We know how planets planets’ rays debar;

When night’s pale queen, in her oft changed way,
Will intercept in direct line his ray,
And make black night usurp the throne of day.
The curious will attend that hour with care,
And wish no clouds may hover in the air,
To dark the medium, and obstruct from sight
The gradual motion and decay of light;
Whilst thoughtless fools will view the water-pail,
To see which of the planets will prevail;
For then they think the sun and moon make war,
Thus nurses’ tales oft-times the judgment mar.
When this strange darkness overshades the plains …

What’s especially fascinating about the clipping of this poem, besides the coffee stains, is that my great aunt wrote on it. She wrote that on August 31,1932, she and two of her sisters stood together on Tremont Street in downtown Boston at St. Paul’s Cathedral across from the Park Street T station to view the eclipse.

I’m assuming that they had glasses, because none of them lost their vision from what I know. This story is new to me and gives me some insight into my great aunts’ lives that I didn’t have before. They were really into the eclipse!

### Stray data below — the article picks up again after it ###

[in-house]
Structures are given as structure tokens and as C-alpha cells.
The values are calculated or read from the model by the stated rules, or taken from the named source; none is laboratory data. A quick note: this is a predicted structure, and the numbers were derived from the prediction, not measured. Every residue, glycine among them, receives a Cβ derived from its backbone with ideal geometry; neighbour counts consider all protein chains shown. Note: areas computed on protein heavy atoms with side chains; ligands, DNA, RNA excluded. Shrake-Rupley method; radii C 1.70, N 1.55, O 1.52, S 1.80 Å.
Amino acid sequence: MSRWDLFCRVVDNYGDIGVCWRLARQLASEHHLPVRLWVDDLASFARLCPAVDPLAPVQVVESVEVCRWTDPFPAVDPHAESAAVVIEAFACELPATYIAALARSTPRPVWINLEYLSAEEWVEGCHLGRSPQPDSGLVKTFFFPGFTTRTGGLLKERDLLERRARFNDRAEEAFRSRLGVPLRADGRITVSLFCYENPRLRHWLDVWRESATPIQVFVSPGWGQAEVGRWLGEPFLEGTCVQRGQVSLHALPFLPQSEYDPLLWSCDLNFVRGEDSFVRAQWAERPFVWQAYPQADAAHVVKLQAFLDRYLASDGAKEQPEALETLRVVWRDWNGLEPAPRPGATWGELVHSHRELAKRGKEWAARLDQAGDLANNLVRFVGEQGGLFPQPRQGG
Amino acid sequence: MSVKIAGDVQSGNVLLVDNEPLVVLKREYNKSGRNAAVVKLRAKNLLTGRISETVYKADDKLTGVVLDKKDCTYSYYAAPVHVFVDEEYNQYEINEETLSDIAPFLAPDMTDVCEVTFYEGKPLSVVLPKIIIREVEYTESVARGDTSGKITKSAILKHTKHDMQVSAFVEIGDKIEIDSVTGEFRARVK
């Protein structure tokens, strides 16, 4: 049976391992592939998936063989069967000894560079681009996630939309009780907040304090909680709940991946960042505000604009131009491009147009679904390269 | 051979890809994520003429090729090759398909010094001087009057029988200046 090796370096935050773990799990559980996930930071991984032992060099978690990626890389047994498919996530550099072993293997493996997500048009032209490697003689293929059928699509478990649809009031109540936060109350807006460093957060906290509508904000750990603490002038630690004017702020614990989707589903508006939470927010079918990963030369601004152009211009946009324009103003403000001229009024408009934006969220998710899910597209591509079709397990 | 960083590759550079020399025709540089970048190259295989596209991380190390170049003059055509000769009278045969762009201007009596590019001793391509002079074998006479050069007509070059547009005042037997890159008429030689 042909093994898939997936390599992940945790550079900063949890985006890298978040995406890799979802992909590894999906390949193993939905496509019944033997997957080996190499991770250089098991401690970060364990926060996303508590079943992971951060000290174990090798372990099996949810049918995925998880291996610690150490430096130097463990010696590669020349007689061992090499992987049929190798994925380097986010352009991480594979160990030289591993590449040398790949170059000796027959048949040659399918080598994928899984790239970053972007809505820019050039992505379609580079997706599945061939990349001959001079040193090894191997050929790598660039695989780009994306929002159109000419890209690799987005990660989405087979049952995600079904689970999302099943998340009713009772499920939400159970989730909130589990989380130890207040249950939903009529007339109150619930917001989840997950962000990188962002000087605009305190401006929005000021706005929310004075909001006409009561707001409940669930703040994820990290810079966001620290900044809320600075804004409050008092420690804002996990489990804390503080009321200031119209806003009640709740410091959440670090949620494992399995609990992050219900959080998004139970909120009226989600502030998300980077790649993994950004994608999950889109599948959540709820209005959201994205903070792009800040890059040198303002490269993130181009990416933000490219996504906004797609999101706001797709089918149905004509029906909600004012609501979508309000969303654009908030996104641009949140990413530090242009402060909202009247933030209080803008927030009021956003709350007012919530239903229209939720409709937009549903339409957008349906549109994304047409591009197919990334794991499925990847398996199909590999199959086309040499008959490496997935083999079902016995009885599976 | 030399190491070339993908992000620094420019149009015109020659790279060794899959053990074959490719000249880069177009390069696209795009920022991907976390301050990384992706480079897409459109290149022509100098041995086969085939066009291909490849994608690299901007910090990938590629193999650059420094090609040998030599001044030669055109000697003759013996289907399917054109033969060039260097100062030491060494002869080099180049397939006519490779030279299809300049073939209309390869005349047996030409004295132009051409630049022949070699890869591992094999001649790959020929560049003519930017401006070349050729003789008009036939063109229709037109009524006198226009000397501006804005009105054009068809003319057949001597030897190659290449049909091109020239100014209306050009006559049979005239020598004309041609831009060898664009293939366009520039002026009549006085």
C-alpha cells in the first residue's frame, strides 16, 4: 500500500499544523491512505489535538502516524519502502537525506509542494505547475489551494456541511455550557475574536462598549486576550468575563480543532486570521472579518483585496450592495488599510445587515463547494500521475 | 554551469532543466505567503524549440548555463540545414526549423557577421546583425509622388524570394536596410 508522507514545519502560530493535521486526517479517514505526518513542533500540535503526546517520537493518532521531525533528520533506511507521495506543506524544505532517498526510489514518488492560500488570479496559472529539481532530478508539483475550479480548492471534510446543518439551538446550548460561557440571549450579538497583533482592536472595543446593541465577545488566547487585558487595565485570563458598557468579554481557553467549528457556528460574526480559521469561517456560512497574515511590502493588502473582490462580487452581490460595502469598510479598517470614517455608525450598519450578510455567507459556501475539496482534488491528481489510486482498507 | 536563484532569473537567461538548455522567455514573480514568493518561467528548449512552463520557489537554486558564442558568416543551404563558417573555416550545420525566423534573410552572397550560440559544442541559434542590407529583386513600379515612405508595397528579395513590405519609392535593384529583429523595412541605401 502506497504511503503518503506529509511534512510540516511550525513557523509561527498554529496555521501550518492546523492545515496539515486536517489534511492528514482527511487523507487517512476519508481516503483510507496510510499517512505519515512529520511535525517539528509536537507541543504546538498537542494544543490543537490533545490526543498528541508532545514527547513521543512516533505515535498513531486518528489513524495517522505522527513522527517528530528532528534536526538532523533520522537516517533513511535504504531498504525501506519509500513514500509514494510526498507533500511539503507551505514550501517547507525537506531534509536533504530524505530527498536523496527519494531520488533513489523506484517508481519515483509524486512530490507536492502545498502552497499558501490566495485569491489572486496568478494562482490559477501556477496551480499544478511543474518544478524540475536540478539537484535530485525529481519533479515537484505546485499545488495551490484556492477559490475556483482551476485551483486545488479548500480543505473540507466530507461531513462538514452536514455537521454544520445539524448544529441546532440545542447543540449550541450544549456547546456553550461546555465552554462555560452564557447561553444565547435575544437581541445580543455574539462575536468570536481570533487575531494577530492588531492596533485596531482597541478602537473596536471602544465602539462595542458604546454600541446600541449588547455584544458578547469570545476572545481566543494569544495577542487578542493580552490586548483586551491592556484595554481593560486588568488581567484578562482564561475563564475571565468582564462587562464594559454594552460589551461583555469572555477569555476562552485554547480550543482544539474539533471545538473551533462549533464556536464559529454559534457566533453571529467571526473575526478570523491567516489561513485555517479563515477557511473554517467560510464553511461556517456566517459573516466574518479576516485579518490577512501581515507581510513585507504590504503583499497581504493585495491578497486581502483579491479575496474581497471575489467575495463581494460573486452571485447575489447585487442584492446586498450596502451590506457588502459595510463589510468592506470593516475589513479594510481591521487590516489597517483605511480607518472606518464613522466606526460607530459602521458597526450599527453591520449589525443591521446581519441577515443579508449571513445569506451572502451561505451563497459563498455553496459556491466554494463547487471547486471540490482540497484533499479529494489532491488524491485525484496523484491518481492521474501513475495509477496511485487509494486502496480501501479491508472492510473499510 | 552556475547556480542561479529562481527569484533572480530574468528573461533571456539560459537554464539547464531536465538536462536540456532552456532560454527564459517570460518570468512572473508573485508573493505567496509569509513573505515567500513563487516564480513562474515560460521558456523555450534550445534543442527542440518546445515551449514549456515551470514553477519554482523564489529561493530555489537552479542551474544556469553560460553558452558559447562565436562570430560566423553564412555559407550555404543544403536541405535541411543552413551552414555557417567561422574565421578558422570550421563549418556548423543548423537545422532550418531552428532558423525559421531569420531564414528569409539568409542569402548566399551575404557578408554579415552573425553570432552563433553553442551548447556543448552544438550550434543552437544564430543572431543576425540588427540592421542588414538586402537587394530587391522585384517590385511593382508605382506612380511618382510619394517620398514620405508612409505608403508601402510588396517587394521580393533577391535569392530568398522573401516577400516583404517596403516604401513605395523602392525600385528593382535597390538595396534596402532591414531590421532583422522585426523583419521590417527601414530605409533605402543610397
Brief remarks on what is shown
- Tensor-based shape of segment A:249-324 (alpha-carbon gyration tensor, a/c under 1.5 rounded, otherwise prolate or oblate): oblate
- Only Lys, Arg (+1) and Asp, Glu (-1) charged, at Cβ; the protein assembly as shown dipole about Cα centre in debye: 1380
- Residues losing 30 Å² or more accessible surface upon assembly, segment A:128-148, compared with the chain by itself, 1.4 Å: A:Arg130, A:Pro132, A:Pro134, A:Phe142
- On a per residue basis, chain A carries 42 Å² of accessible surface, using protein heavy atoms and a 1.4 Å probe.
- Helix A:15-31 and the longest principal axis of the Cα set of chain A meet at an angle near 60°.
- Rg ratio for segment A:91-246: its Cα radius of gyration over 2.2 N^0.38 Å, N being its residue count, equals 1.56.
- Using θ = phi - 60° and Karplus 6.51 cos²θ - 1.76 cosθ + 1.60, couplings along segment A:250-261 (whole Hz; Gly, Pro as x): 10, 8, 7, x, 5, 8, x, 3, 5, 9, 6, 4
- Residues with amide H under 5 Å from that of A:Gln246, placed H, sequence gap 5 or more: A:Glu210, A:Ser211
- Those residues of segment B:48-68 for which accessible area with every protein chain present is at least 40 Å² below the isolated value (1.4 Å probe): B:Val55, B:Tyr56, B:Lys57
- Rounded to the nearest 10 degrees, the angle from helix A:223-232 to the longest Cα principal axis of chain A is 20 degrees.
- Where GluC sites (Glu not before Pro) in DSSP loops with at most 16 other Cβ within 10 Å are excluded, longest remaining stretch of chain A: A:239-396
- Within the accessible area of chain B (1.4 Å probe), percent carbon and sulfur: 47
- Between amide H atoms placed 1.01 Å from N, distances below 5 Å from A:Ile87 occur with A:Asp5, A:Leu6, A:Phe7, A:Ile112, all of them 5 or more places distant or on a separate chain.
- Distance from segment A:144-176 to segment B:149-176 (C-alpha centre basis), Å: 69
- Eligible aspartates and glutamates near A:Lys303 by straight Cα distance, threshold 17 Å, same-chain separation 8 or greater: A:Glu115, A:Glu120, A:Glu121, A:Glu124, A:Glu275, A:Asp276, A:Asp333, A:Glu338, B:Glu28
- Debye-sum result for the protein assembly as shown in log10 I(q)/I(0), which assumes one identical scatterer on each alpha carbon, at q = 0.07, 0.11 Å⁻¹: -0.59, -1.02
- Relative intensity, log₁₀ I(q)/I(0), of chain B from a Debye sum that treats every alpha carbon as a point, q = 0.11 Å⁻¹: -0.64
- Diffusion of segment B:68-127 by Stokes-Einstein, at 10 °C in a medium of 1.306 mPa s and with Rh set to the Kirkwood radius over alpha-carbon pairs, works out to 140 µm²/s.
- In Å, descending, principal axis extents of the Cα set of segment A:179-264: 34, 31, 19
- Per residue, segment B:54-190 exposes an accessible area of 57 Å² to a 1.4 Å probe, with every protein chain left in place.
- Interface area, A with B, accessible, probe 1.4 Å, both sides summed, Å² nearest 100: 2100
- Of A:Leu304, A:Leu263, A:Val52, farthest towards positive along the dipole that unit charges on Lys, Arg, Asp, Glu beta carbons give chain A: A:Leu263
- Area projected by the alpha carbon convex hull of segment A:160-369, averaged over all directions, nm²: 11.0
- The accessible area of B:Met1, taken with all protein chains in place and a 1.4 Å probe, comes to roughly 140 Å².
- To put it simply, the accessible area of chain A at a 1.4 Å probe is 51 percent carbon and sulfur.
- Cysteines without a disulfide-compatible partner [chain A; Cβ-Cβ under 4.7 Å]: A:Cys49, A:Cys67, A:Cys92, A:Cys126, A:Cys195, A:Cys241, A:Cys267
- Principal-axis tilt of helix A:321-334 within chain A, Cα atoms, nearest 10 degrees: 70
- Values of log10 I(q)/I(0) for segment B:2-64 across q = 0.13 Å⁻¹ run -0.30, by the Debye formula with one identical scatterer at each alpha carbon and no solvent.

Also, my mother pointed out that the names mentioned did not include my grandmother. So now I wonder. Where was my grandmother? And why wasn’t she with her sisters?

As someone who is very much into the idea of time travel, this also makes me think about how I have an approximate time, date and place to go back to to meet some family members!

An article from Science Magazine says that the 1932 total solar eclipse was a path about 100 miles wide that included New England, so they had the real deal, unlike what we will have here in New England later today.

The picture above is from a short video that I found showing the preparation for and actual video from the 1932 eclipse. Today will be full of wonder and no doubt will be history for those looking back at this someday.

Hope you have a wonderful day and Happy Solar Eclipse!

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Screenshot: YouTube